The 'Glorious Revolution' (1688)
The unexpected birth of an heir to the throne (James III) brought about the threat of a permanent Catholic dynasty for England. Whigs and Tories summoned William III of Orange ('For the Protestant faith and a free parliament'). In 1688, the Glorious Revolution followed a bloodless course with the flight of James II to France. The campaign of William III against the Catholic 'Jacobites' in Ireland culminated in 1690 at the Battle of the Boyne and the capitulation of Limerick (1692).
For England, the significance of this short struggle was two-fold. First, the right of parliamentary approbation was granted to the gentry and the city by the 1689 Declaration of Rights (approval of taxation, freedom of speech, no standing army). To secure the personal liberty and property of the citizens, John Locke provided the theoretical justification for the division of the powers of the state into the legislative and executive branches in his Two Treatises of Government (1689). The second significant outcome for England was its rise to the position of leading commercial and financial power of the world - the Bank of England being established in 1694.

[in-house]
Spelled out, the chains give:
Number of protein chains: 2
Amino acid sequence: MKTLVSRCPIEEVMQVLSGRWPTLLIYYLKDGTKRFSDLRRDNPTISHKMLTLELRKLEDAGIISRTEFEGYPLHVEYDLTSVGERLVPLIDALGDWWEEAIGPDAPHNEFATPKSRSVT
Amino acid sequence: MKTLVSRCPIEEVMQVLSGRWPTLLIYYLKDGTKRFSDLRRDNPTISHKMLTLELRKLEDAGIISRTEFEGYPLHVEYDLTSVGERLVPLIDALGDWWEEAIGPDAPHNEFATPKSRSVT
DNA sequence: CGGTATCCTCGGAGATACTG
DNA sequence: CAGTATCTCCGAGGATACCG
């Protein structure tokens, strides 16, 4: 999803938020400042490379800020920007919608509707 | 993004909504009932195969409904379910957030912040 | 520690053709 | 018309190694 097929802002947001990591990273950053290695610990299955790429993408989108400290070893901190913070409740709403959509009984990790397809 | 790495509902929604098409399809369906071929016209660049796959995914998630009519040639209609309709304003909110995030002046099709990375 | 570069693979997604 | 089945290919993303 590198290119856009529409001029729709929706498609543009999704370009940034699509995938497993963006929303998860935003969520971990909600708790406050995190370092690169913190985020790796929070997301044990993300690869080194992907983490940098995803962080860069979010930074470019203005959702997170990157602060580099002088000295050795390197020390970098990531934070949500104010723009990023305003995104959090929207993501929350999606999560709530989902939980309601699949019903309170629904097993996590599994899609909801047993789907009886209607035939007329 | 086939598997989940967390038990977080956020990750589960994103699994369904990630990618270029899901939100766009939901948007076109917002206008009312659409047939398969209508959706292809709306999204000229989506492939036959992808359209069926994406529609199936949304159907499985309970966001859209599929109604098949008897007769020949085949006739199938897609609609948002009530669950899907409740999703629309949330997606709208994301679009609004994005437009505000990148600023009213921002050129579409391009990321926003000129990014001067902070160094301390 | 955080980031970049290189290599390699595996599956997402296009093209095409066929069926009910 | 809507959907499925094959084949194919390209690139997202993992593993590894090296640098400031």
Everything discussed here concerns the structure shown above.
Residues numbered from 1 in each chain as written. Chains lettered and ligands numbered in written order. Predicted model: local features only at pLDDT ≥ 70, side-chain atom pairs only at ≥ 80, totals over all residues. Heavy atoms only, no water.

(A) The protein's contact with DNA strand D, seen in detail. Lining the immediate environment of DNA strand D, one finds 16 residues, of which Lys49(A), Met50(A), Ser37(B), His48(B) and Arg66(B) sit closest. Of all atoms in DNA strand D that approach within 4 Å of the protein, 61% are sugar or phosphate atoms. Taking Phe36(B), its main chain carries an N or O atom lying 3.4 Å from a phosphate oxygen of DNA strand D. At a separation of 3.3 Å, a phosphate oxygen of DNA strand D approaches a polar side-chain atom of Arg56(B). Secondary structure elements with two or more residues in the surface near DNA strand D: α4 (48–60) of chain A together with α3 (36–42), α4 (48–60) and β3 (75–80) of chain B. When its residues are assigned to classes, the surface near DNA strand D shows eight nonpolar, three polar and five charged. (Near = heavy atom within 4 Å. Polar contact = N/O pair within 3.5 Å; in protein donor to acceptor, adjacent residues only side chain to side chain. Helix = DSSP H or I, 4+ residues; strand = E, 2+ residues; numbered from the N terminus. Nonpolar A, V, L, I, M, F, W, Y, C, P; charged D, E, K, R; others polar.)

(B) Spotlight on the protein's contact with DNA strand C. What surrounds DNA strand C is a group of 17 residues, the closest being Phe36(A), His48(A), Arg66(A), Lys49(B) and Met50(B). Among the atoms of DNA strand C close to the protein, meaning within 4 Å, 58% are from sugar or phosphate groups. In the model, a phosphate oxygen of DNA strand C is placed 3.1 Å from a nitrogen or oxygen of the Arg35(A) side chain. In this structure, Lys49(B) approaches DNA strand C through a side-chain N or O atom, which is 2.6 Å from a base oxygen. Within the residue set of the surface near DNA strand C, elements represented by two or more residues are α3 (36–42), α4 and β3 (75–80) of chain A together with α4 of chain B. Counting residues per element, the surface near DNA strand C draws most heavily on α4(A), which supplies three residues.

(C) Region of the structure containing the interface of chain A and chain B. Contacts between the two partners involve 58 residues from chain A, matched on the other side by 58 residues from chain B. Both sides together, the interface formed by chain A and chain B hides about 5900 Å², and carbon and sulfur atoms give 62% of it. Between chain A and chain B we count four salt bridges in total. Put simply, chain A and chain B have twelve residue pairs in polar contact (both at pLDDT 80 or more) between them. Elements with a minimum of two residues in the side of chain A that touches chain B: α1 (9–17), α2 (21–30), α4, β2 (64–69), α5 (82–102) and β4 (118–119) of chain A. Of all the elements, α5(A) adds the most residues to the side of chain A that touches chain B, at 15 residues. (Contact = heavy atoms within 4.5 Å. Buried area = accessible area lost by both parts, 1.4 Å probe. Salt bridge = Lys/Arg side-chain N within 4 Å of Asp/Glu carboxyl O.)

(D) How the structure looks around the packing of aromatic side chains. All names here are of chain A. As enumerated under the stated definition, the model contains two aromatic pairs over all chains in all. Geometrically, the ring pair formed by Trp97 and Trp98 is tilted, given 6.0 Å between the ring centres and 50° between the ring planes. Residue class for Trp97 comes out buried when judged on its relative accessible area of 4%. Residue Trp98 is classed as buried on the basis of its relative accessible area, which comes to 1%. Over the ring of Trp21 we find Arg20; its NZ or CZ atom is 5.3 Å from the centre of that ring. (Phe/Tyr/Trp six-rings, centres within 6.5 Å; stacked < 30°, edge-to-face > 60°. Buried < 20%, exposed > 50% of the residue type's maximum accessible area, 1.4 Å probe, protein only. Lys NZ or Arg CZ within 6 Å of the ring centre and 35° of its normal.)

Europe watched as the constitutional monarchy began to replace absolutism as a form of government. French hegemonic policies countered with the principle of the balance of power - resulting in war between France and England (1689-1697).
The world over, rivalry on the seas was decided in favour of England (in Personal Union with Holland until 1702). Anglo-French dualism in colonial affairs also developed worldwide.